Take Back Thanksgiving: a 7-Step Plan for Reclaiming the Holiday

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Walk the seasonal aisle of any supermarket or drugstore. The halls are decked with lights and tinsel. The shelves are heavy with chocolate-covered marshmallow Santas. Outside it feels like autumn, but inside it has been Christmas for a month. The official start of the holiday season may be this weekend, but the holidays actually start on November 1st at precisely 12:01 am, when the Halloween candy and costumes instantly vanish from the nation's retail stores—possibly into a black hole—replaced by reindeer and mistletoe.

At the risk of sounding like Andy Rooney, whatever happened to Thanksgiving? As Halloween and Christmas have grown bigger every year, Thanksgiving has been getting squeezed out. The time has come for Americans to demand something better. Like when Justin Timberlake brought sexy back—if by sexy you mean "sweater vests"—we need to bring back Thanksgiving. What follows is a modest proposal for reinventing the holiday, and so restoring it to its rightful place at the heart of American life.

1.) Exploit the holiday First, clearly, the country must do a better job of exploiting the holiday, particularly in terms of merchandising. Frankly, it's disappointing to see the nation's purveyors of cheap, pointless crap—usually so industrious—missing such a fine opportunity to sell us stuff we don't need and can't afford. Where, one wonders, are the shelves full of Plymouth Rock candy? Where are the sexy Pilgrim costumes? Where are the strings of festive holiday lights shaped like little roast turkeys? What about toy muskets that shoot jelly beans for the kids? It is simply inexcusable that American families are depriving their children the hours of potential joy that could come from owning a Miles Standish action figure or a stuffed Squanto doll that lights up says "Happy Thanksgiving!" when you squeeze it.

2.) Fix Black Friday Ostensibly the day when retailers go into black ink for the year, the Biggest Shopping Day of the Season has evolved from a mildly amusing human interest story to a macabre spectacle of mob violence and schadenfreude. Each year, the nation eagerly watches—feigning concern, but secretly enjoying the sense of superiority we get from watching deal-crazed shoppers trample each other in a desperate quest for discount video games. At this point, we might as well just arm Black Friday shoppers with knives, chains and bats, let Darwin decide the rest, and call it reality TV.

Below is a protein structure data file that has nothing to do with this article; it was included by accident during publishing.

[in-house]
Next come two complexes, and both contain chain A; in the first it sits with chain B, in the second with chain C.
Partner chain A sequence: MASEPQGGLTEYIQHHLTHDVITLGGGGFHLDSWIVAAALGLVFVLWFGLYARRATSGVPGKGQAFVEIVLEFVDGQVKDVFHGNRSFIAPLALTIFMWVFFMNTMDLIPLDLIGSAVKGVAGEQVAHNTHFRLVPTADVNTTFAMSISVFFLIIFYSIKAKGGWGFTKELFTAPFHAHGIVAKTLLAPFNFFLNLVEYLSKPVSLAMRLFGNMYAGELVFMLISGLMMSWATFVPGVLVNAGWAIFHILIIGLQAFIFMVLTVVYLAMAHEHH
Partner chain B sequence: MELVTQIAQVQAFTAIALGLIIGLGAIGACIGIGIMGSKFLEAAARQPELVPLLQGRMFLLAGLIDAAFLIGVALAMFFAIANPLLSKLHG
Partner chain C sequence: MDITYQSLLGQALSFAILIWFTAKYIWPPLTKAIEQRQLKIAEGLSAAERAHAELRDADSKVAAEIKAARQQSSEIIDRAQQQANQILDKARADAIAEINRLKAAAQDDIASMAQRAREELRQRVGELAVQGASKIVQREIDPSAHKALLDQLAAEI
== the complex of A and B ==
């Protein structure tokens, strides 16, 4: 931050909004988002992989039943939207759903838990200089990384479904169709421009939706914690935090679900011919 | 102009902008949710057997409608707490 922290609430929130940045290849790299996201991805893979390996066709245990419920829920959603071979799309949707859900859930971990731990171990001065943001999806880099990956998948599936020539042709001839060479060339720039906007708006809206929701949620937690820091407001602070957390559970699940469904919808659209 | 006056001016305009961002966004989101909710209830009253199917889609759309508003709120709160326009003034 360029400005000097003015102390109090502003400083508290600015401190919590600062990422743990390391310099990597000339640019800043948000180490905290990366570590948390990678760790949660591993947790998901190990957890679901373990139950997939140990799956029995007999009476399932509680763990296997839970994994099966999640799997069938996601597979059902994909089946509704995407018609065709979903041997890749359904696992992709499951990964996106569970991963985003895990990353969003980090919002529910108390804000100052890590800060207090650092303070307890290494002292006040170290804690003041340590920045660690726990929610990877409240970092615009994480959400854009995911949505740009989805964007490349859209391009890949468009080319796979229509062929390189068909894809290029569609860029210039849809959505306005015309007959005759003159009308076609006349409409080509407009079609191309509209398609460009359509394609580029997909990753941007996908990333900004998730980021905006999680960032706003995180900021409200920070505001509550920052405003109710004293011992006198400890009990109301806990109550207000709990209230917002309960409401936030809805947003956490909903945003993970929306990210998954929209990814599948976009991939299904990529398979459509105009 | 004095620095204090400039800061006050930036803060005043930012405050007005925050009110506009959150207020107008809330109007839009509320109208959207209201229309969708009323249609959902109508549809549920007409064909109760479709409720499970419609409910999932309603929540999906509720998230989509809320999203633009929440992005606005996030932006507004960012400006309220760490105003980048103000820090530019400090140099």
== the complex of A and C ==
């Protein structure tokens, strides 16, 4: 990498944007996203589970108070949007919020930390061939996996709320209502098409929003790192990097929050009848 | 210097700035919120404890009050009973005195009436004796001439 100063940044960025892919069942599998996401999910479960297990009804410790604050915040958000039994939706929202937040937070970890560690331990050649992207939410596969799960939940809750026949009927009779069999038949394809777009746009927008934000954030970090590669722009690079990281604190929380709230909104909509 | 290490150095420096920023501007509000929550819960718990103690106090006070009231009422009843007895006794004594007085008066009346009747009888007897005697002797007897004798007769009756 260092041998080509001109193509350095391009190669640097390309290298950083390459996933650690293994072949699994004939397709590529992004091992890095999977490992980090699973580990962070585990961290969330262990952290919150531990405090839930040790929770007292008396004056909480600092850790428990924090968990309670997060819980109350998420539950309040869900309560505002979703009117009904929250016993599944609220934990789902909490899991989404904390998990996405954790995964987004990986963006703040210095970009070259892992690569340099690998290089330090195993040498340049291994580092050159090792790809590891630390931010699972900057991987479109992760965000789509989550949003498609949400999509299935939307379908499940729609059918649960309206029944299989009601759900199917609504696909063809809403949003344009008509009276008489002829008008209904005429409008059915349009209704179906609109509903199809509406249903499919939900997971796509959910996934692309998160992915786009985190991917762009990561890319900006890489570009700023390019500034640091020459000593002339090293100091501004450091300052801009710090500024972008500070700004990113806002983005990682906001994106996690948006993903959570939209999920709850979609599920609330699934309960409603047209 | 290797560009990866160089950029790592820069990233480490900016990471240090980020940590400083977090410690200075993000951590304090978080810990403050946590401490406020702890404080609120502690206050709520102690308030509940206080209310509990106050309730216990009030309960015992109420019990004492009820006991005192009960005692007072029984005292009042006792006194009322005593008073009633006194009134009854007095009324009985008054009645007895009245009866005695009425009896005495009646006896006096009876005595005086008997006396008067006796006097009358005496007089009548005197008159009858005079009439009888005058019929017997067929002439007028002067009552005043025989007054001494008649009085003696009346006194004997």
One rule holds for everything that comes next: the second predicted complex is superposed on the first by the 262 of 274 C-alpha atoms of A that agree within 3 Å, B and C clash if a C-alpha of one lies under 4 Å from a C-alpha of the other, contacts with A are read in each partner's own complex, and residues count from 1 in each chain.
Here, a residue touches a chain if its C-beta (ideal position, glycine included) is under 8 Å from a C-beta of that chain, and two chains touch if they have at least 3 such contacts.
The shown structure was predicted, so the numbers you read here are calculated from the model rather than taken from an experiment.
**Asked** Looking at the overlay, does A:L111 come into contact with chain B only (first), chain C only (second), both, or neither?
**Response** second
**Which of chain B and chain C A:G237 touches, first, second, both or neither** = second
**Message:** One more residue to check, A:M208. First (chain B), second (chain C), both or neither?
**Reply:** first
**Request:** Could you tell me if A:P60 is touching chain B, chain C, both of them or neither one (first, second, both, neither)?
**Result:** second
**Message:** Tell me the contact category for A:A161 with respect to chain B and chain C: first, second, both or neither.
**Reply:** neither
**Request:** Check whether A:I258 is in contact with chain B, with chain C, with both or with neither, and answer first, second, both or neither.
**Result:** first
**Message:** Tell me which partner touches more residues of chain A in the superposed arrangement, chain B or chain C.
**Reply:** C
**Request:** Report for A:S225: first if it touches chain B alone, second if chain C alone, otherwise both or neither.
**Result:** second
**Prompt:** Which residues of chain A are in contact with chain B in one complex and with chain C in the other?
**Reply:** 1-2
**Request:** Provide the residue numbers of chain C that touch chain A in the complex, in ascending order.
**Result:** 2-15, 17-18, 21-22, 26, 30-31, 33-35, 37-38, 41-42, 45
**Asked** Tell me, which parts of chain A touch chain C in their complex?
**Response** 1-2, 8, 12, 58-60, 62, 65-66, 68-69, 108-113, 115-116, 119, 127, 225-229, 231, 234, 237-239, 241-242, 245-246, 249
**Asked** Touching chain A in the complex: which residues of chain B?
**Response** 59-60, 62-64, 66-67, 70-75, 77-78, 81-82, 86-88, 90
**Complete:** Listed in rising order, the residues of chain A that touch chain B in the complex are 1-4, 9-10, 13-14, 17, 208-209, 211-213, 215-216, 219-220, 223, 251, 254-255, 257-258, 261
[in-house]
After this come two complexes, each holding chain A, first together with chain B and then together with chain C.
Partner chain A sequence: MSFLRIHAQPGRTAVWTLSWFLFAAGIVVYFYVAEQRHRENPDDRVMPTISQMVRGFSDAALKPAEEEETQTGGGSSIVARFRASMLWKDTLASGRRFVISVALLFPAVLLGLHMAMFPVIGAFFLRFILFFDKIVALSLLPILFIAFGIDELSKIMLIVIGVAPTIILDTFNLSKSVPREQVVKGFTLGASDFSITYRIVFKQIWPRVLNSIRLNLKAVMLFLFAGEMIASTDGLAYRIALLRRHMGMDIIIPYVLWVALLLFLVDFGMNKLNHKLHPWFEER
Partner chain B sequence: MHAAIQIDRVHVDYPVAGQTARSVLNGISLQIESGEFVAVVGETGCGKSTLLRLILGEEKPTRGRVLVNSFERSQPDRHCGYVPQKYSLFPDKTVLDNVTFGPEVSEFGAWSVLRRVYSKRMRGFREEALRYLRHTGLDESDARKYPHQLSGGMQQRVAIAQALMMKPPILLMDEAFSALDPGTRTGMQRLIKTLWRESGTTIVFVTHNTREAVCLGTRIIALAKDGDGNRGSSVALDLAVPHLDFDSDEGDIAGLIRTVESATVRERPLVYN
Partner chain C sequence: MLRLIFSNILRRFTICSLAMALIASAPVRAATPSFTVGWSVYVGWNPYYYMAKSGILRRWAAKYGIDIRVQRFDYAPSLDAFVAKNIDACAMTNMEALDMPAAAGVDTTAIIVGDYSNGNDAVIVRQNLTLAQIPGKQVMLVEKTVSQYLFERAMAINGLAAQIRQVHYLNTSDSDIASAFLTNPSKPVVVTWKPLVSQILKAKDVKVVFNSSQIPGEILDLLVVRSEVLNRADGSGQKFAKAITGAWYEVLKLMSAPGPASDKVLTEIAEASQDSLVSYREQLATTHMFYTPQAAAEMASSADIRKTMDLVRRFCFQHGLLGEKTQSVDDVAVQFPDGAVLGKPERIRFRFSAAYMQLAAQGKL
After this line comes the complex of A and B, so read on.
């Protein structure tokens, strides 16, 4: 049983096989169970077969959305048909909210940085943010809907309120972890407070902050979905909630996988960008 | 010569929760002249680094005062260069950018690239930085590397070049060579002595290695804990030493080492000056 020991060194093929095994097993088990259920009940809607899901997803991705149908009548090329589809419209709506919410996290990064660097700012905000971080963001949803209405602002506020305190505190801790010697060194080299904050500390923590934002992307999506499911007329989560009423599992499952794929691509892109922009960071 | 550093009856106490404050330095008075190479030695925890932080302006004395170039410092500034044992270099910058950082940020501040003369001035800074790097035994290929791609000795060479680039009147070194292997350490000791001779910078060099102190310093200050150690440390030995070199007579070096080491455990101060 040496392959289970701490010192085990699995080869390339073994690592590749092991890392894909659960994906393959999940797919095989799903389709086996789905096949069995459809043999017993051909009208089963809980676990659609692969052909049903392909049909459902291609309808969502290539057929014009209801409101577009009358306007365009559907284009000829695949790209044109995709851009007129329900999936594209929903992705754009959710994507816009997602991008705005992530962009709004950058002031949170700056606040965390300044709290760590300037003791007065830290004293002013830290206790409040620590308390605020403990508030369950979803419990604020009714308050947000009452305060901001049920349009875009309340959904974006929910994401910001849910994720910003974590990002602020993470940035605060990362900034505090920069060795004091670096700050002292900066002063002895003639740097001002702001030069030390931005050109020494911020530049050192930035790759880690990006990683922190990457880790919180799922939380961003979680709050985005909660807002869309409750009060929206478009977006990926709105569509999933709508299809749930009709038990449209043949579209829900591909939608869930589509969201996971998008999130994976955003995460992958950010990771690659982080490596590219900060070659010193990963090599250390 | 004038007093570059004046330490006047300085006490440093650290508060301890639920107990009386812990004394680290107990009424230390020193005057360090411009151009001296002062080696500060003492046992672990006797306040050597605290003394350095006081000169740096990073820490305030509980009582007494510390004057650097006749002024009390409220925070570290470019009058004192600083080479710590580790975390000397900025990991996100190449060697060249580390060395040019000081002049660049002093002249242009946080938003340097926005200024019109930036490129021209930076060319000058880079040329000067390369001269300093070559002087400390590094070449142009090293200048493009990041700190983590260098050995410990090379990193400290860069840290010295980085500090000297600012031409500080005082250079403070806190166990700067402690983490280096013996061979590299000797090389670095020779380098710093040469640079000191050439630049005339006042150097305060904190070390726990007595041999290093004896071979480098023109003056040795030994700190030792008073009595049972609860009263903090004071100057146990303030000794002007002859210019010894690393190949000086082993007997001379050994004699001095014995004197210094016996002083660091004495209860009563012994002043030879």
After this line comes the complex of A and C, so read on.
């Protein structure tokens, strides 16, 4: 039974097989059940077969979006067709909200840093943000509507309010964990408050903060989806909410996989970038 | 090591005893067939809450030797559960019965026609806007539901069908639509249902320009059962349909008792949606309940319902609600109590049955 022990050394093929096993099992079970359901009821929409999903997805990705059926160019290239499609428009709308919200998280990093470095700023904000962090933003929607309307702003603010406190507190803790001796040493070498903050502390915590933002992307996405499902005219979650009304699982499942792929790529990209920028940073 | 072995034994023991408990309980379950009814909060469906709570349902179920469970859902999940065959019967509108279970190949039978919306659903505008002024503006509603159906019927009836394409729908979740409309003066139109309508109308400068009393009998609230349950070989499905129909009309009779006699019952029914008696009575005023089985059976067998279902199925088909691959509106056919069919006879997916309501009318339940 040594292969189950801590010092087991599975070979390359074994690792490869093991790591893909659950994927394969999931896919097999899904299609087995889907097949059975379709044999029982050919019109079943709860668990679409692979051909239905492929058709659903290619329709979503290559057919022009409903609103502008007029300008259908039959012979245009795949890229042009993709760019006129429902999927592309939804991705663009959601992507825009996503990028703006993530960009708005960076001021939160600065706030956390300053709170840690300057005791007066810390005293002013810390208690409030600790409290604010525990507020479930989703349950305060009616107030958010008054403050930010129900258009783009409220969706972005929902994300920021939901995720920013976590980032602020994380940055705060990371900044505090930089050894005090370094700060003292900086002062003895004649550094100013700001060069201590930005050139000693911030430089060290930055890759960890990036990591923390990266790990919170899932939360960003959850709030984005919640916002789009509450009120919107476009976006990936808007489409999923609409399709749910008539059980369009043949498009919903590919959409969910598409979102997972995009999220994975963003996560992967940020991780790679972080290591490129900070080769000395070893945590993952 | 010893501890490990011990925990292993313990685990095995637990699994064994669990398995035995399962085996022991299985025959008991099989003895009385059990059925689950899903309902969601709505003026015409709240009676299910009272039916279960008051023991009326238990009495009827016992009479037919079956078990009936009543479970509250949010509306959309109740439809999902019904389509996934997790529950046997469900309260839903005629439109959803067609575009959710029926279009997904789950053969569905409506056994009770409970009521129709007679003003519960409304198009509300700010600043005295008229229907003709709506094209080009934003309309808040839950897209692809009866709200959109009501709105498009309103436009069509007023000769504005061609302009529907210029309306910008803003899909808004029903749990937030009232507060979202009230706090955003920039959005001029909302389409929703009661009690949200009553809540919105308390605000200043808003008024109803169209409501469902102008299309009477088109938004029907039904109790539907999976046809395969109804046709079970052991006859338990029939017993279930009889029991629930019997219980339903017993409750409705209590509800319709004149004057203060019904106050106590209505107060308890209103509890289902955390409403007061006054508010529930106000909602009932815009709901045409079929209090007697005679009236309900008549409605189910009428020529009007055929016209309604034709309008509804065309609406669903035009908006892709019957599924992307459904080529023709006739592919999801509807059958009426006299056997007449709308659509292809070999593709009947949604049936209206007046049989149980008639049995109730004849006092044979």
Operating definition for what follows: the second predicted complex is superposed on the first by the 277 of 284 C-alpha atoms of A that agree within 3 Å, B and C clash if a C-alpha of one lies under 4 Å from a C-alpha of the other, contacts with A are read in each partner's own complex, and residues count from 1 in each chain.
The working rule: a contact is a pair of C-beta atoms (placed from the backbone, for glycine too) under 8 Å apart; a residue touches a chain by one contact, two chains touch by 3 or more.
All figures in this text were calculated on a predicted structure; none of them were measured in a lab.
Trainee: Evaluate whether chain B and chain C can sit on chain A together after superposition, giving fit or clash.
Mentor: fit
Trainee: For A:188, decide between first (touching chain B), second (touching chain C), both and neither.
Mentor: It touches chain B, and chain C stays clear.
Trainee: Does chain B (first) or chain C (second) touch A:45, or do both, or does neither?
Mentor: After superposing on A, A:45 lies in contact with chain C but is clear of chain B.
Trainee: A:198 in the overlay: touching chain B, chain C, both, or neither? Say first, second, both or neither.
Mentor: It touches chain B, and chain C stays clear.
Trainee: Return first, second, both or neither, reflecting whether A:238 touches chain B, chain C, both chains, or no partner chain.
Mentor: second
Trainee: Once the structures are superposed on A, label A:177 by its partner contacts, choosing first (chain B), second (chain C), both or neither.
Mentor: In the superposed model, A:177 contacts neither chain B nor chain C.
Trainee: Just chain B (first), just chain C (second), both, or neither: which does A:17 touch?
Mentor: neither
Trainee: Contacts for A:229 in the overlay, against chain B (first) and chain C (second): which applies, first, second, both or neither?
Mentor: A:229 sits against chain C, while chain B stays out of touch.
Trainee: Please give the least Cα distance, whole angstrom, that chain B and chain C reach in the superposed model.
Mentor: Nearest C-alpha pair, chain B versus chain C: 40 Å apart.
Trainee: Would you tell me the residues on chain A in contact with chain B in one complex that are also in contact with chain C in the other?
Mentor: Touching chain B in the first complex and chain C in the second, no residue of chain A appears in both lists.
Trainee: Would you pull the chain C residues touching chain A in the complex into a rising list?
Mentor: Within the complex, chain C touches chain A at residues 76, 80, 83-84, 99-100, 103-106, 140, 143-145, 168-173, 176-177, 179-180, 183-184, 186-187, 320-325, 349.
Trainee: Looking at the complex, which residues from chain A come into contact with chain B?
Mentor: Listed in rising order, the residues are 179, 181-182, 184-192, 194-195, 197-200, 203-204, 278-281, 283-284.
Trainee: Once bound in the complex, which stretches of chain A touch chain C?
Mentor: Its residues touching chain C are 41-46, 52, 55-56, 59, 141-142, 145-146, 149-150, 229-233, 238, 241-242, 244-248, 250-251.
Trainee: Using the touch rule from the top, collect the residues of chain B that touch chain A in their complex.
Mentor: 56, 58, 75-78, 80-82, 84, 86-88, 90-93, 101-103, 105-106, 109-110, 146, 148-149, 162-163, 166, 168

3.) Stop saying "Turkey Day" This is absolutely non-negotiable. Anyone using the phrase "Turkey Day" to describe this holiday must be executed on the spot, shot without benefit of trial. Or a blindfold. Also, their homes should be burned to ashes, the land underneath plowed, salted and cursed by priests. Any children can be spared, but must undergo sterilization. Granted, this seems harsh. But there's simply no way around it. People who habitually call Thanksgiving "Turkey Day" are the worst people on earth.

4.) Fix football Watching the Detroit Lions play on Thanksgiving is the duty of every good American. It would be nice, however, if the team would spice it up by winning more than once a decade. With this year's opponent the New England Patriots and their quarterback, Justin Bieber, a Motown victory seems about as likely as Middle East peace. That's why we urge Congress to pass legislation making it a federal crime for any team to beat the Lions on Thanksgiving Day. It's always nice when Dallas loses on Thanksgiving, of course—shout out to Leon Lett! But the Cowboys have been doing such a good job of losing lately that government intervention doesn't seem necessary.

5.) Write some Thanksgiving-specific songs The Great American Songbook includes approximately 430,000 songs about Christmas. Halloween has its own soundtrack. Thanksgiving, possibly because nothing rhymes with tryptophan, has precisely two tunes worth hearing: Adam Sandler's "Thanksgiving Song" and Arlo Guthrie's "Alice's Restaurant Masacree." That needs to change. Step it up, creative types. Where's that Warrant remake using "pumpkin" in the place of "Cherry Pie"?

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Hampton Stevens is a writer based in Kansas City, Missouri. His work has appeared in The Atlantic, ESPN the Magazine, Playboy, Gawker, Maxim, and many more publications.

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